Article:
Microsoft confirms acquisition of Israeli co Hexadite


The Tel Aviv cyber security company, which has raised $10.5 million, is being sold for $100 million.

Microsoft Corp. has signed an agreement to acquire Israeli cyber security company Hexadite. Microsoft said that Hexadite, "delivers agentless, automatic incident investigation and remediation solutions." The terms of the agreement have not been disclosed but "Globes" reported last month that Microsoft is paying about $100 million for the Israeli company.

“Our vision is to deliver a new generation of security capabilities that helps our customers protect, detect and respond to the constantly evolving and ever-changing cyberthreat landscape,” said Terry Myerson, executive vice president, Windows and Devices Group, Microsoft. “Hexadite’s technology and talent will augment our existing capabilities and enable our ability to add new tools and services to Microsoft’s robust enterprise security offerings.”

Founded in 2014 by CEO Eran Barak, CTO Idan Levin and CPO Barak Klinghoffer, the company has raised only $10.5 million to date thus yielding a tenfold profit. Last year, the company raised $8 million in a Series A funding round from Hewlett Packard Ventures, Ten Eleven Ventures, and YL Ventures. With its headquarters in Boston, Hexadite's development office is in Tel Aviv.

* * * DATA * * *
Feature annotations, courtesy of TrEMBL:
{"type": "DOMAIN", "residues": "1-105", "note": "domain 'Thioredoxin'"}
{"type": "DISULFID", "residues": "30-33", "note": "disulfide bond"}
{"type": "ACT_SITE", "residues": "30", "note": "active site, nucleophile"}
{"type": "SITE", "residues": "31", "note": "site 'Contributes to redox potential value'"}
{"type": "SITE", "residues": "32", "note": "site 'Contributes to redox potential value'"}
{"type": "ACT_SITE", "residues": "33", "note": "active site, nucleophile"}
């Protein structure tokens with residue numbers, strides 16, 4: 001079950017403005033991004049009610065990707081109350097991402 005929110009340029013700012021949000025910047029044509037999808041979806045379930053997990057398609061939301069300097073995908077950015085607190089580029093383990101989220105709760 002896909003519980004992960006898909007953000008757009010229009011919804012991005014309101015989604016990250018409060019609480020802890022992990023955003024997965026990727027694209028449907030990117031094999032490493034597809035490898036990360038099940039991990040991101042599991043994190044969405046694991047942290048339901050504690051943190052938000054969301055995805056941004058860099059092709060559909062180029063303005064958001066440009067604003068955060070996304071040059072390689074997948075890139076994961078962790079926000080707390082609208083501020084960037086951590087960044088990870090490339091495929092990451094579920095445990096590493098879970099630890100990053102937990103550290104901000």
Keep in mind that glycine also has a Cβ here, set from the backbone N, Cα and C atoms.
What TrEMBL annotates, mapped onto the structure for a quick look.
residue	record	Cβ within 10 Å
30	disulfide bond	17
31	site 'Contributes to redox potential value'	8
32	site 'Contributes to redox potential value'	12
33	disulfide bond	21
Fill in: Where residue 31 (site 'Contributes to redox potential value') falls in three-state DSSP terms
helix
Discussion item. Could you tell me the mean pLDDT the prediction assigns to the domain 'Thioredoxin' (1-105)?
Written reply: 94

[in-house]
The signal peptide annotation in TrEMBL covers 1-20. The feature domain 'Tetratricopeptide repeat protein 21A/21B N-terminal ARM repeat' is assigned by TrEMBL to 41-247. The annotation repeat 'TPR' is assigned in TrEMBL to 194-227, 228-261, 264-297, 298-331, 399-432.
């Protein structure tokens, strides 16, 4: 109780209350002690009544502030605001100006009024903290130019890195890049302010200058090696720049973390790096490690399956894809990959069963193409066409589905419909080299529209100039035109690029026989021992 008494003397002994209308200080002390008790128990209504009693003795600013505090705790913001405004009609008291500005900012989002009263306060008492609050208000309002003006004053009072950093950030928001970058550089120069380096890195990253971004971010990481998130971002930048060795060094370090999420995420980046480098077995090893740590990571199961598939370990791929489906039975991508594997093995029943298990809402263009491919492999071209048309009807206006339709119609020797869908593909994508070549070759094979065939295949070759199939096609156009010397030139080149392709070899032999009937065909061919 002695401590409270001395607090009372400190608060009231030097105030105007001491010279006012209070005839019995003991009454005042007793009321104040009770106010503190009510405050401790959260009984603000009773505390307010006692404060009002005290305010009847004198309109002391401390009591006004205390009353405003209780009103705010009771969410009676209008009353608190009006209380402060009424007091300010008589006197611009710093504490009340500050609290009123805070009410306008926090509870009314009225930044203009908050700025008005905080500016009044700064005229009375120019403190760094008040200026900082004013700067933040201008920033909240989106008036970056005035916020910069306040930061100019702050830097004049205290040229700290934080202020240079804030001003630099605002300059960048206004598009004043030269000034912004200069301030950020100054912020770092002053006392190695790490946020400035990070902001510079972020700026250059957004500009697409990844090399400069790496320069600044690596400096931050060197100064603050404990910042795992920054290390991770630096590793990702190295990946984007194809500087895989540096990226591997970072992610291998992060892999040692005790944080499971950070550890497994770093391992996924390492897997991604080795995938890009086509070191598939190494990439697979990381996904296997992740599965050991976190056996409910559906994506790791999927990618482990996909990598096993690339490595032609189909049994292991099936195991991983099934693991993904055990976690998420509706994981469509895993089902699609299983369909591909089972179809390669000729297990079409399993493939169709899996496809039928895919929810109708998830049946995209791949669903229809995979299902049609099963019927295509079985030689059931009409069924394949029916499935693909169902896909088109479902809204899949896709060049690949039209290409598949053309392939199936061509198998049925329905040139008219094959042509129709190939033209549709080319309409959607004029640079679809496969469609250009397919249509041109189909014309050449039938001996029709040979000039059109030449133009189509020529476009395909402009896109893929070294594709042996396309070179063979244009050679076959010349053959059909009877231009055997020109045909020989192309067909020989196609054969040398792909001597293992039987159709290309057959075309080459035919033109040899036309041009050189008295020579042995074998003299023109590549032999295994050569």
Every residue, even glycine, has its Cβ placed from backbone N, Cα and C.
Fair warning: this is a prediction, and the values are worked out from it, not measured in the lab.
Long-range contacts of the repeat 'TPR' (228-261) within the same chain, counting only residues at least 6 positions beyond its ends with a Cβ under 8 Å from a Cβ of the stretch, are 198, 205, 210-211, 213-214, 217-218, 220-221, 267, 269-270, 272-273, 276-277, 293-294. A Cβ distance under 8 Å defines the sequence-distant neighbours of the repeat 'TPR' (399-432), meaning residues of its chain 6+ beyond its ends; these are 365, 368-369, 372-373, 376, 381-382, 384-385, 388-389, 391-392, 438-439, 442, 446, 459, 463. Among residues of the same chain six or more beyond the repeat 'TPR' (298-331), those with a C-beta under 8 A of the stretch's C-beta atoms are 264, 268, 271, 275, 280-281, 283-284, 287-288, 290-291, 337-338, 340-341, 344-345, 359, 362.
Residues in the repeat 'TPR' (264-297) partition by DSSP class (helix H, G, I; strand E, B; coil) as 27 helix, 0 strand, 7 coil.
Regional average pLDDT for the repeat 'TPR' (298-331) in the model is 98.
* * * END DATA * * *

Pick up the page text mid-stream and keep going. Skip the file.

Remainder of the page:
Hexadite said in a blog today, "Today we’ve announced that Hexadite is being acquired by Microsoft. This serves as validation of all the team has done to create something truly amazing in the market. It also means that the technology is going to be used worldwide by hundreds of millions of people as part of Microsoft’s security portfolio."

Following the close of the deal and after a period of integration, Hexadite will be fully absorbed into Microsoft as part of the Windows and Devices Group.

Separately, the Central District Court ruled in favor of the Israel Tax Authority yesterday, finding that Microsoft unit Gteko, acquired in 2006, was liable to pay NIS 100 million tax on a payment of $26.6 million that was made for Gteko's intellectual property nearly a year after the $90 million acquisition of the company's shares. The court held that the economic value of a company remains even after it is acquired, and the the payment made subsequent to the acquisition was part of Gteko's value and as such was taxable.    

Published by Globes [online], Israel business news - - on June 8, 2017

© Copyright of Globes Publisher Itonut (1983) Ltd. 2017

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